Kentucky residents who file for bankruptcy can begin rebuilding their credit after the bankruptcy is discharged. While a Chapter 13 bankruptcy will remain on the credit record for seven years and a Chapter 7 bankruptcy for 10 years, there are steps people can take to improve their credit long before then.

Making a budget is important because it helps a person pay bills on time and helps in creating an emergency fund. Payment history is 35 percent of a FICO score. Having an emergency fund makes it less likely that a person will begin to struggle financially and end up declaring bankruptcy a second time as roughly 10 percent of people do. People should also review the three credit reports that are available for free once a year. They should follow up on any errors these reports might include.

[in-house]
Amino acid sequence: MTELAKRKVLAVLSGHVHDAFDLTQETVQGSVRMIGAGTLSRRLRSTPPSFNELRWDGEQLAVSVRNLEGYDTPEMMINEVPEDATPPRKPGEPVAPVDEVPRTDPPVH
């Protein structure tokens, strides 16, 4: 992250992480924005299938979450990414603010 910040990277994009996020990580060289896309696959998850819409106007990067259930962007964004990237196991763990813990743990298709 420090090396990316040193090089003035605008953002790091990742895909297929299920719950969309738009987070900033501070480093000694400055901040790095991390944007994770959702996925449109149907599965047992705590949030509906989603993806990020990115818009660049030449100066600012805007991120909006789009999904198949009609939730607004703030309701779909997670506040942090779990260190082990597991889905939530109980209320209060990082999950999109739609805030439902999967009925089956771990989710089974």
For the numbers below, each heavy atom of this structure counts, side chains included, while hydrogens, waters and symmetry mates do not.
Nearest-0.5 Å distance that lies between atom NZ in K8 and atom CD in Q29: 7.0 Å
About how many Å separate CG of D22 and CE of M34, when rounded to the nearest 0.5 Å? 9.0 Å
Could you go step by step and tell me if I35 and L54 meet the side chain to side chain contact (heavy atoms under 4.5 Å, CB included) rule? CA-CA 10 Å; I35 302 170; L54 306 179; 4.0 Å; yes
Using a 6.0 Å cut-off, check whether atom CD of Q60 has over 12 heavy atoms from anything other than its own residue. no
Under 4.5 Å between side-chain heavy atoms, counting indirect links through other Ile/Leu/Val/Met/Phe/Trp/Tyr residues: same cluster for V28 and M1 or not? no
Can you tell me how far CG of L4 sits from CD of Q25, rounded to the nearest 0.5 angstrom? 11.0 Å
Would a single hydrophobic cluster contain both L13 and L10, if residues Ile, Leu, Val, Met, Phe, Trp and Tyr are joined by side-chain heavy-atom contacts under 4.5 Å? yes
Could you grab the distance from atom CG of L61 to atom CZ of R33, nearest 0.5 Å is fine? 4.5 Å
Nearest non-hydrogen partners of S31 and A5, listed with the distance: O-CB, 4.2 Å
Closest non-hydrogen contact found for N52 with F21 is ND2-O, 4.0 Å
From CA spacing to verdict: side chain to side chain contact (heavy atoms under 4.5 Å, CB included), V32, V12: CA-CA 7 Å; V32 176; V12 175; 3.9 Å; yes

Another way to build credit is to use a credit card but pay it off regularly. People who are unable to obtain a regular credit card might look into a secured credit card. This allows them to deposit money into an account and then get that amount in a line of credit on the card. Getting a subprime auto loan and keeping up with payments is another way to build credit.

There are other misconceptions some people might hold about bankruptcy in addition to believing it will permanently mar their credit. Bankruptcy does not mean that a person has been financially irresponsible. Medical expenses, a divorce or a job loss may all lead to unmanageable debt, and when this happens, bankruptcy may be a responsible solution.